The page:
US House advances debt ceiling bill in crucial step to avert historic default

A bill to raise the debt ceiling cleared a significant hurdle on Wednesday afternoon, after Democratic lawmakers supported Republican Speaker of the House Kevin McCarthy and allowed the bipartisan deal to advance to a full vote.

In order to see off a rebellion from members from his own party, McCarthy was forced to rely on the votes of 52 Democrats who joined 189 Republicans to approve a rule governing the debate on the legislation. That paved the way for a vote in the House of Representatives on the bill on Wednesday night.

Earlier, McCarthy had predicted the debt ceiling bill would “overwhelmingly” pass the lower chamber of Congress, as he raced to secure backing for the bipartisan deal, which would avert a damaging US default.

“We’ll get it done overwhelmingly,” McCarthy said in an interview with Fox News on Wednesday morning. “To govern is not easy. But I don’t want to be on the wrong side of history.”

The Speaker’s prediction came after he pitched the deal in an hours-long closed-door meeting with House Republicans on Capitol Hill on Tuesday night.

McCarthy announced at the weekend that he had struck an agreement with Joe Biden’s White House to suspend the debt ceiling until after next year’s presidential election. The deal caps federal spending for the next two years, speeds up the permitting process for big energy projects, cuts funding for the Internal Revenue Service and introduces new requirements for food stamps and other social safety net programmes.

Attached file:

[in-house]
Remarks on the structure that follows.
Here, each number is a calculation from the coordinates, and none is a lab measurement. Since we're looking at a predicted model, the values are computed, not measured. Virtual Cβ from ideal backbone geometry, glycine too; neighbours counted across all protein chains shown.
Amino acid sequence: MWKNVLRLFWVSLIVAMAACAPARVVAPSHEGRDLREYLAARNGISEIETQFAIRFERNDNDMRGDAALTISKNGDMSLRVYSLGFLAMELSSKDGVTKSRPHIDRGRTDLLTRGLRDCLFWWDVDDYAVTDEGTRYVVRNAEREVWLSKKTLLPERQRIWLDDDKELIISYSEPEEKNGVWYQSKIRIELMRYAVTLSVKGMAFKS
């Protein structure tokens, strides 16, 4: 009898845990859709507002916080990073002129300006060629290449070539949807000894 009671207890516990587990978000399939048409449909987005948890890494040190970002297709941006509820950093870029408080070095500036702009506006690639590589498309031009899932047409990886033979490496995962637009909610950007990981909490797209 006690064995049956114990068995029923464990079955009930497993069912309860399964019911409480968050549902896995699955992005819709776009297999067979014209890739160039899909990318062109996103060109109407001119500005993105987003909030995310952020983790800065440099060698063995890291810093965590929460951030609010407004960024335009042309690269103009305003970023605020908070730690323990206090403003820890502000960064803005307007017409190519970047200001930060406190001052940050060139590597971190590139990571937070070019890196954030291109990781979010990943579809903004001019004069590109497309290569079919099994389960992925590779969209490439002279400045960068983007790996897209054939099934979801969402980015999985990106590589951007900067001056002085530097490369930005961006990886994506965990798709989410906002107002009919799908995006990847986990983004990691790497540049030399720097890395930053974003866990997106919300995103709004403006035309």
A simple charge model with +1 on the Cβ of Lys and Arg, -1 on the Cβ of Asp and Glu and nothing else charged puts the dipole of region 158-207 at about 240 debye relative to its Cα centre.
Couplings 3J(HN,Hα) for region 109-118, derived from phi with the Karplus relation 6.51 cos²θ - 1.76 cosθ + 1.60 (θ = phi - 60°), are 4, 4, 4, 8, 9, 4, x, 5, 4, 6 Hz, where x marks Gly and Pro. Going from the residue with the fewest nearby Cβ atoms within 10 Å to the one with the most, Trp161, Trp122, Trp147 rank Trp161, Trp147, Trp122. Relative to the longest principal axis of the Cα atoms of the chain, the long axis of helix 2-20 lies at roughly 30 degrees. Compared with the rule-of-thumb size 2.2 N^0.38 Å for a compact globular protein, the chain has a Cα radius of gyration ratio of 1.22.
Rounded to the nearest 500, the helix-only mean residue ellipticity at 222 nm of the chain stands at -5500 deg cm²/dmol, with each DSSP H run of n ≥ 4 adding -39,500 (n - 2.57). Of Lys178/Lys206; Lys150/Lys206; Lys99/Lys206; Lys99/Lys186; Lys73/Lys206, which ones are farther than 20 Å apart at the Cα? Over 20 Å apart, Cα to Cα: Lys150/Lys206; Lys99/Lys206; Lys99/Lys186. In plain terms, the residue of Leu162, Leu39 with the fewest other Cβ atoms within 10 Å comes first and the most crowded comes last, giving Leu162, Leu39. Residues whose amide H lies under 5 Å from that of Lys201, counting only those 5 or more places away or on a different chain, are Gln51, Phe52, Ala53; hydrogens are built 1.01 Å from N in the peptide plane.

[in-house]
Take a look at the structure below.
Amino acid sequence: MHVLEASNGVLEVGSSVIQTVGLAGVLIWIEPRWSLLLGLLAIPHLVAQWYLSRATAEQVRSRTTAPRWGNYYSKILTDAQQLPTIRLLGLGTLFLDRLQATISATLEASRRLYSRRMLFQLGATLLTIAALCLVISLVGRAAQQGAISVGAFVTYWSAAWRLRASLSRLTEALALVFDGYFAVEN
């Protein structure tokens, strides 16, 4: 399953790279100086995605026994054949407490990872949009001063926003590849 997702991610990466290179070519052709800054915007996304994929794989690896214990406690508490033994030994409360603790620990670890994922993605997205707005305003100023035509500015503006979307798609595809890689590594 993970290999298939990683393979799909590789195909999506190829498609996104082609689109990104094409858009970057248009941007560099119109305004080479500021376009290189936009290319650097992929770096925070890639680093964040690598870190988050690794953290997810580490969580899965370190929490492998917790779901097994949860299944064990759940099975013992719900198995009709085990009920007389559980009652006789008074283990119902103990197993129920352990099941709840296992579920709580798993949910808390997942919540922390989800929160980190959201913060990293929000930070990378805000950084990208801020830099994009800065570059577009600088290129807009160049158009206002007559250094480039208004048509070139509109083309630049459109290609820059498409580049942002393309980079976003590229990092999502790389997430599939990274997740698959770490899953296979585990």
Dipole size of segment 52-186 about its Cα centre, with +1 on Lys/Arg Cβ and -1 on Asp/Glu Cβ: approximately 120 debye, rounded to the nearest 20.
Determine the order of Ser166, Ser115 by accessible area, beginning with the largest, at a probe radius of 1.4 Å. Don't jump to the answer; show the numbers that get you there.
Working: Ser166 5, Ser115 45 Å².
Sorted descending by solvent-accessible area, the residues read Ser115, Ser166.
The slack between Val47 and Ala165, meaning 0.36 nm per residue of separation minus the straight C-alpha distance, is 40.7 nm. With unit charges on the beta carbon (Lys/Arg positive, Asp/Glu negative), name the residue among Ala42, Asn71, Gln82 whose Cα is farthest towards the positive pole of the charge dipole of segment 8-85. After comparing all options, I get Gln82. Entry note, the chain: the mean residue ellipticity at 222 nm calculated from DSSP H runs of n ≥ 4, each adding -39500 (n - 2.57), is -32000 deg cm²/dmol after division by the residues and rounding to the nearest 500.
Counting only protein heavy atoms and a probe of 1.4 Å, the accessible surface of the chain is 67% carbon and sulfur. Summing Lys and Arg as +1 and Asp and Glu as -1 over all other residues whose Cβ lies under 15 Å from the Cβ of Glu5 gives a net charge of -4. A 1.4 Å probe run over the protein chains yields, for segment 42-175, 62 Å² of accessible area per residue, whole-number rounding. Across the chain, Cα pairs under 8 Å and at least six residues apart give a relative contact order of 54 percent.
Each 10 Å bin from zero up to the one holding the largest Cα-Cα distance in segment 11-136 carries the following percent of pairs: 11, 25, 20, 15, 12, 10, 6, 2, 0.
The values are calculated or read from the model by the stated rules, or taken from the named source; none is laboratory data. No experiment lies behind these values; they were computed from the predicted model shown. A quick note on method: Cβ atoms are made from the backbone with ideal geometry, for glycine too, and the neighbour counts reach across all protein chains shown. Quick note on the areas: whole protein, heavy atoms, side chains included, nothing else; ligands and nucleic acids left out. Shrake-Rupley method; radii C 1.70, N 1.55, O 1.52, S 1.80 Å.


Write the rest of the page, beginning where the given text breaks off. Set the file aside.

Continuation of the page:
The deal needs to pass both chambers of Congress if it is to be signed into law before the Treasury runs out of money. Treasury secretary Janet Yellen has warned the government would run out of money and be unable to pay its obligations on June 5 if the debt ceiling is not raised.

“We’re going to deal with the debt ceiling,” Biden said at the White House on Wednesday. “I think things are going as planned. God willing I’ll be landing in Colorado tonight in preparation for my commencement speech at the Air Force Academy tomorrow. And God willing by the time I land Congress will have acted, the House will have acted and we’ll be one step closer.”

McCarthy and the White House have been upbeat about the likelihood of the bill passing, even as critics in both parties have come out against the measure.

On the right, the hardline Freedom Caucus of House Republicans have attacked the deal for not imposing steeper spending cuts.

On the left, progressive Democrats, including Alexandria Ocasio-Cortez and Pramila Jayapal, have lambasted Biden for capitulating to Republican demands.

If the bill passes the House, it will head directly to the Senate. Mitch McConnell, the top Senate Republican, said on Wednesday that he expected the bill to pass the House, and would be “proud to support” the deal “without delay” when it is voted on in the upper chamber of Congress. After that, Biden would sign it into law.

Because Republicans control the House by a razor-thin margin, and more than two dozen Republicans have already said they would vote against the bill, McCarthy will be counting on the support of Democrats to get the bill over the line.

The Speaker’s whip count was bolstered earlier in the week when the leaders of the New Democrat Coalition, a group of nearly 100 centrist Democrats, said they were in favour of the agreement.

On Wednesday morning, the Problem Solvers Caucus, a group of 64 centrist lawmakers, equally divided between Democrats and Republicans, said they would also get behind the bill.

Hakeem Jeffries, the top Democrat in the House, said on Wednesday morning that he would support the bill “without hesitation, reservation or trepidation”, adding: “Not because it’s perfect. But in divided government, we, of course, cannot allow the perfect to be the enemy of the good.”

The bill faces opposition from lawmakers on both sides of the aisle in the Senate too. Bernie Sanders, the progressive senator, came out strongly against the deal on Wednesday, saying he could not “in good conscience” vote for the legislation because it imposes spending cuts without raising taxes on wealthy Americans.